All About Photographic Lenses.
Specifications, comparison, reviews, MTF-charts for lenses by Canon, Nikon, Sony, Pentax, Olympus, Sigma, Tamron, Carl Zeiss, etc.

Six Versions of the Vivitar MF Series 1 70-210 mm Zoom Lens

Do you like a good instrumental music?
Listen to new beautiful music from composer Sergei Borodin. Click HERE...


Six Versions of the Vivitar MF Series 1 70-210 mm Zoom lens

Format: 35mm SLR

Type: Zoom lens

Focusing: Manual Focus (MF)

Lens mounts: Canon FD, FDn, Canon FD, FDn, M42, M42, Nikon F (FX, DX), Nikon F (FX, DX), Olympus OM, Olympus OM, Pentax K, Pentax K, Minolta SR (MD, MC), Minolta SR (MD, MC)

First year of production: 1973

User reviews (1)

Photos (0)

Tests (0)

Owners (2)

Views (5698)

Average price:


Focal lengthMax. apertureMin. apertureBladesMin. Focus (m.)Filter Ø (mm.)Weight (gr/oz)Length (mm/in)
70mm - 210mmf/2.8 - f/4.0f/22no

Additional information:
There are six versions of the manual focus Vivitar Series 1 (VS1) 70-210 zoom lenses, all of which can be distinguished apart from each other visually (and their manufacturers can be identified by using their serial numbers). Interestingly, Vivitar was never actually a lens manufacturer per se -- Vivitar contracted with various lens makers to produce lenses to its own specifications, which it then marketed under the Vivitar brand (although the contractors would sometimes end up releasing similar lens designs under their own and/or other brands), and this always-a-lens-specifier-and-never-a-lens-maker characteristic is certainly true for all the VS1 70-210 zooms.
The first VS1 70-210 version was manufactured by Kino (SN 22nnnnnn), from about 1973 to 1981. This revolutionary lens design (the first successful "macro zoom" lens ever designed) was an f/3.5 model that likely underwent the greatest number of engineering revisions during its lifetime. The first VS1 lens design that Vivitar released, it probably did more than any other VS1 product to make the Series 1 lenses a highly respected line of lenses for quite some time in the latter 20th Century. For Pentax users, this version was available at first only in M42 screwmount trim, but a K-mount fitting was added to the available mounts when Pentax came out with K-mount bodies and lenses in 1975.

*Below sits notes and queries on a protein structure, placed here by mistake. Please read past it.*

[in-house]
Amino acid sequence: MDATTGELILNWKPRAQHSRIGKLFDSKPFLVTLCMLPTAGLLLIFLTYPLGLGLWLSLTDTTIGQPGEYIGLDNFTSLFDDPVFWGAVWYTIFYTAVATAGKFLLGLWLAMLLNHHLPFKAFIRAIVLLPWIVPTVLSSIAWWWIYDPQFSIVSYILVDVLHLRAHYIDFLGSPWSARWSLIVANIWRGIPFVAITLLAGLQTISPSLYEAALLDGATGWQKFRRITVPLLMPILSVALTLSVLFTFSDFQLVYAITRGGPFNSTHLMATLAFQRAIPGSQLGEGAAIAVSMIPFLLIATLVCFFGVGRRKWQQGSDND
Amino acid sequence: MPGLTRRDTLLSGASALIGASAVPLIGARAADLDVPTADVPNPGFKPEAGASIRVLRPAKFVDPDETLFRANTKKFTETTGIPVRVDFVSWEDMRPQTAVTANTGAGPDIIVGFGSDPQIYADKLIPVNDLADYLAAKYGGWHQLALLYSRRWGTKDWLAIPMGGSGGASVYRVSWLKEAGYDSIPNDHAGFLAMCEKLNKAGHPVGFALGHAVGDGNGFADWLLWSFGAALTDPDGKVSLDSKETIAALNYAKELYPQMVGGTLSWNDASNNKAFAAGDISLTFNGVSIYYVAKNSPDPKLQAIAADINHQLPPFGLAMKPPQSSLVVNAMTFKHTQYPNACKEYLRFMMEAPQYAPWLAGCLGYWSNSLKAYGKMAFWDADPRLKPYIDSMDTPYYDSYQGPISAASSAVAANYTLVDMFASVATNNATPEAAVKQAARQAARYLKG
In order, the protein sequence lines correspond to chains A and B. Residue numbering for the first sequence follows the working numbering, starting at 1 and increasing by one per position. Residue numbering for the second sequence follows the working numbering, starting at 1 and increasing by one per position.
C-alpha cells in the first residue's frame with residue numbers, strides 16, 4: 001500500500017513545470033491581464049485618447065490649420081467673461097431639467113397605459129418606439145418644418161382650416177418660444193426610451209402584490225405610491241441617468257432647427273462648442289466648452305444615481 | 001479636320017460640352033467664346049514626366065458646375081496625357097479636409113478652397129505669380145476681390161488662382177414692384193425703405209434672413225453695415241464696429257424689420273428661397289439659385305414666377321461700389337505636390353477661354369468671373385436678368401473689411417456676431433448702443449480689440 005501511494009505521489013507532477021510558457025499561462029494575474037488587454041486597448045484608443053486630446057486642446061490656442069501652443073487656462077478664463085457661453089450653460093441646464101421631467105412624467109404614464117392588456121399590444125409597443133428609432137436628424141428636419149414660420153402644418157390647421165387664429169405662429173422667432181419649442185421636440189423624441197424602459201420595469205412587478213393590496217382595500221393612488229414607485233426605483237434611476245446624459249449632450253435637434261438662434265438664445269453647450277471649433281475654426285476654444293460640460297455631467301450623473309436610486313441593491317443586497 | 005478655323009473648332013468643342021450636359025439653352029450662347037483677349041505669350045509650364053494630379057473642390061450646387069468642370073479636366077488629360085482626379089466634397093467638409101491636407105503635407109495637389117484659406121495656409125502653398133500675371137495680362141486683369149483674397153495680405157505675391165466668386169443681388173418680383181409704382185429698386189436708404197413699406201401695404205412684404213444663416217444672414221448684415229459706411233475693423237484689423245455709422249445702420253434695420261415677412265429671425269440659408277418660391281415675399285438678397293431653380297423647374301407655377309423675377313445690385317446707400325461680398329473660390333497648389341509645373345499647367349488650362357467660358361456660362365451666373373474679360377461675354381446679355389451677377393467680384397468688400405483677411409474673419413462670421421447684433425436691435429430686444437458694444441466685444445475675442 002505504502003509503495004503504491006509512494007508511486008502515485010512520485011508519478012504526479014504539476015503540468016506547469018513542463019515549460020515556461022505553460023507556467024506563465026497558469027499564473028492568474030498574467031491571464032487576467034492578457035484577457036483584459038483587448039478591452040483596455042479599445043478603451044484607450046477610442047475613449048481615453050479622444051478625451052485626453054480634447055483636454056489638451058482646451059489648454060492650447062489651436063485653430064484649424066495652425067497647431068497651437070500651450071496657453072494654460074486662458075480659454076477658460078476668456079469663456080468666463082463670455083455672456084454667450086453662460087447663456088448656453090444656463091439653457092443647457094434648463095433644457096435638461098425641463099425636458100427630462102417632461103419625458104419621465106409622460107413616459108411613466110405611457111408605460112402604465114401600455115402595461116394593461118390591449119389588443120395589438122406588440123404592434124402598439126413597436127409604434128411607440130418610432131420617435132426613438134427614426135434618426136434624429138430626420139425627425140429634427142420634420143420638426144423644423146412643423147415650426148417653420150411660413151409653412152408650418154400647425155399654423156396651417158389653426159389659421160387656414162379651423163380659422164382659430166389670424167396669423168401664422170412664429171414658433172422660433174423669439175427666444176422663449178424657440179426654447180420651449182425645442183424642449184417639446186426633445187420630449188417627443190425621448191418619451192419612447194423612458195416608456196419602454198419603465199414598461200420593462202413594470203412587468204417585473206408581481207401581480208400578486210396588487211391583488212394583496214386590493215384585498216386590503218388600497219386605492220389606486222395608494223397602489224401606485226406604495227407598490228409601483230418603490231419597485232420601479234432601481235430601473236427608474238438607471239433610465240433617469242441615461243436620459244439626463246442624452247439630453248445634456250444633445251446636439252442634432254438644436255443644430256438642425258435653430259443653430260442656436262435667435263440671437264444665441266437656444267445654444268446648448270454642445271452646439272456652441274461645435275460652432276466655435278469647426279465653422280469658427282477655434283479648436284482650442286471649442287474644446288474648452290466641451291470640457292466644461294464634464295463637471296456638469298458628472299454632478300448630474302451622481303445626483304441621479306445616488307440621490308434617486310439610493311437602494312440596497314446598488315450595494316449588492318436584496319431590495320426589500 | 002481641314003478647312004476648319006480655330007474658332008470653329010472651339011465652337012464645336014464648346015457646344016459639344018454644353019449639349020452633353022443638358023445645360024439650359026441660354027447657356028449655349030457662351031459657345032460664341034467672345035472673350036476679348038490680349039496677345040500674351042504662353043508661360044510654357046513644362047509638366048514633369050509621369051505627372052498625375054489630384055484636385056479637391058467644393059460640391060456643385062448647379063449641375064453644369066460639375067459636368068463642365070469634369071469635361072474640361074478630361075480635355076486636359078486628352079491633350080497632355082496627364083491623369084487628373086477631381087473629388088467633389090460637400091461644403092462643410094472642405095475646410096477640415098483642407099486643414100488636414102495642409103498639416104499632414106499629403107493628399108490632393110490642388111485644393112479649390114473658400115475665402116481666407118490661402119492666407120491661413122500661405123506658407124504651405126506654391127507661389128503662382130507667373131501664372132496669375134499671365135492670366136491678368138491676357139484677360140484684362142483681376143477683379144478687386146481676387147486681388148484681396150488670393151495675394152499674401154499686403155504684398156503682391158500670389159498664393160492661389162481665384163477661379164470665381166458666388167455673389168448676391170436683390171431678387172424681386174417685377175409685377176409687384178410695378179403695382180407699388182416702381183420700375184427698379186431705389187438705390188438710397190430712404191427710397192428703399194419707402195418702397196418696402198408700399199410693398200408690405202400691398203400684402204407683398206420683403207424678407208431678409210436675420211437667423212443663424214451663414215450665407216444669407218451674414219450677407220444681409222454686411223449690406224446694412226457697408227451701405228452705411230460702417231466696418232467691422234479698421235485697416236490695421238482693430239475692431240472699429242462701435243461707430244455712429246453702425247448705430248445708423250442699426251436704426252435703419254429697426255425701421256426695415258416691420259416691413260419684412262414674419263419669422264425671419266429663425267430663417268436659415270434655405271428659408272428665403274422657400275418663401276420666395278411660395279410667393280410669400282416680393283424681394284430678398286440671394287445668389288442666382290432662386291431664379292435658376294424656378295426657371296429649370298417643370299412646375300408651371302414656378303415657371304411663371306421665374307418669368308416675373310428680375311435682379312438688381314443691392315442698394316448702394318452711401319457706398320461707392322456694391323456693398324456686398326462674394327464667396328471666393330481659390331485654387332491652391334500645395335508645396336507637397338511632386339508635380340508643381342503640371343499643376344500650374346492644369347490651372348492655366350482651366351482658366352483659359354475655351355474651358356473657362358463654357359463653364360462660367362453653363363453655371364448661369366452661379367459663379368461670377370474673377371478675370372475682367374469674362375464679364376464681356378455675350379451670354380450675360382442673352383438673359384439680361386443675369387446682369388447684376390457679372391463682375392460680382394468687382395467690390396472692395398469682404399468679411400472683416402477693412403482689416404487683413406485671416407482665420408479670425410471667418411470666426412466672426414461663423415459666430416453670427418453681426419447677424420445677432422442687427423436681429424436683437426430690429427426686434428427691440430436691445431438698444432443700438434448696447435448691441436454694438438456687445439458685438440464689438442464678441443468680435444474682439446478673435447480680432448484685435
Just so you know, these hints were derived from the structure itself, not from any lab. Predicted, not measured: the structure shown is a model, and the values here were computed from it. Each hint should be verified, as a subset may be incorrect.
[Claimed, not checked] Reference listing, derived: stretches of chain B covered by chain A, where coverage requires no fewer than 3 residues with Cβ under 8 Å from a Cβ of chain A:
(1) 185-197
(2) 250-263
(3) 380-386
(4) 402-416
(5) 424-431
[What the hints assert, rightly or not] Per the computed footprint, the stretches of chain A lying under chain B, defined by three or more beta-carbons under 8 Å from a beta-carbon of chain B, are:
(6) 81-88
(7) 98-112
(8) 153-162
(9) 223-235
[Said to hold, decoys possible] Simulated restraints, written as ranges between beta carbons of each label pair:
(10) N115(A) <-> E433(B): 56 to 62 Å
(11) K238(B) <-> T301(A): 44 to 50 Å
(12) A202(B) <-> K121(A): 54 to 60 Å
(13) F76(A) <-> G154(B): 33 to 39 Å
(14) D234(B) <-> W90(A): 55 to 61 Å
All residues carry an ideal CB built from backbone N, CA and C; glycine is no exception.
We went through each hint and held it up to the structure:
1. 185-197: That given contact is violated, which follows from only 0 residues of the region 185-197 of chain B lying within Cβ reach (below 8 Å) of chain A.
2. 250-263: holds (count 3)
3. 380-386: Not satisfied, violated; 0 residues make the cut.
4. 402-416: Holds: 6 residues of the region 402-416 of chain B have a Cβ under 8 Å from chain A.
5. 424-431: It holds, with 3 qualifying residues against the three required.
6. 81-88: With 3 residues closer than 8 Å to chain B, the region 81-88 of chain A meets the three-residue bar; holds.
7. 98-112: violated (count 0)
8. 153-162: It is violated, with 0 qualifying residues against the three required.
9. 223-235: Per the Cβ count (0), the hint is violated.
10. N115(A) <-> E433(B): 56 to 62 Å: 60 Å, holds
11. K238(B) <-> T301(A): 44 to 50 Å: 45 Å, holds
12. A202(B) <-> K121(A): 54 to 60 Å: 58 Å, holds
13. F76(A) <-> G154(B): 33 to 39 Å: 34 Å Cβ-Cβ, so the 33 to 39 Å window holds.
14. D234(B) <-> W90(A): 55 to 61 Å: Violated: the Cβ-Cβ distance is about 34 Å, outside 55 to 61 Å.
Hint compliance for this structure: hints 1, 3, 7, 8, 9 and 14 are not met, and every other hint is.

The second VS1 70-210 version was manufactured by Tokina (SN 37nnnnnn), from about 1981 to 1983. Like the first version, this was also an f/3.5 design, although it was a more compact lens overall. At 1:4 maximum magnification, it did not focus quite as closely as the first version, but it did not require any special user actions to enter "macro" mode -- this version represented a total redesign of the 70-210/3.5 specification, and Vivitar marketed it with the slogan, "Think of it as 141 of the finest lenses that you can buy". This second version was available for Pentaxers in both M42 and K-mount trim (and Tokina did also release its own RMC Tokina version of this lens).
The third VS1 70-210 version was manufactured by Komine (SN 28nnnnnn), from about 1984 to 1986. Unlike the first two versions, which featured a constant f/3.5 aperture throughout the zoom range, this version was the first in the series to feature a fast-to-slow aperture transition, with f/2.8 at the 70mm end and f/4 at 210mm. Of interest to Pentax shooters (then as well as now), when Pentax released the first Ka bodies (and lenses), Vivitar also switched over to Ka functionality for this design as well, so that this version can be found with either K-mount or Ka-mount functionality. Modern Photography magazine lens tests showed this version to be a bit sharper than the earlier versions (although Modern Photo never tested the later versions for a more complete comparison).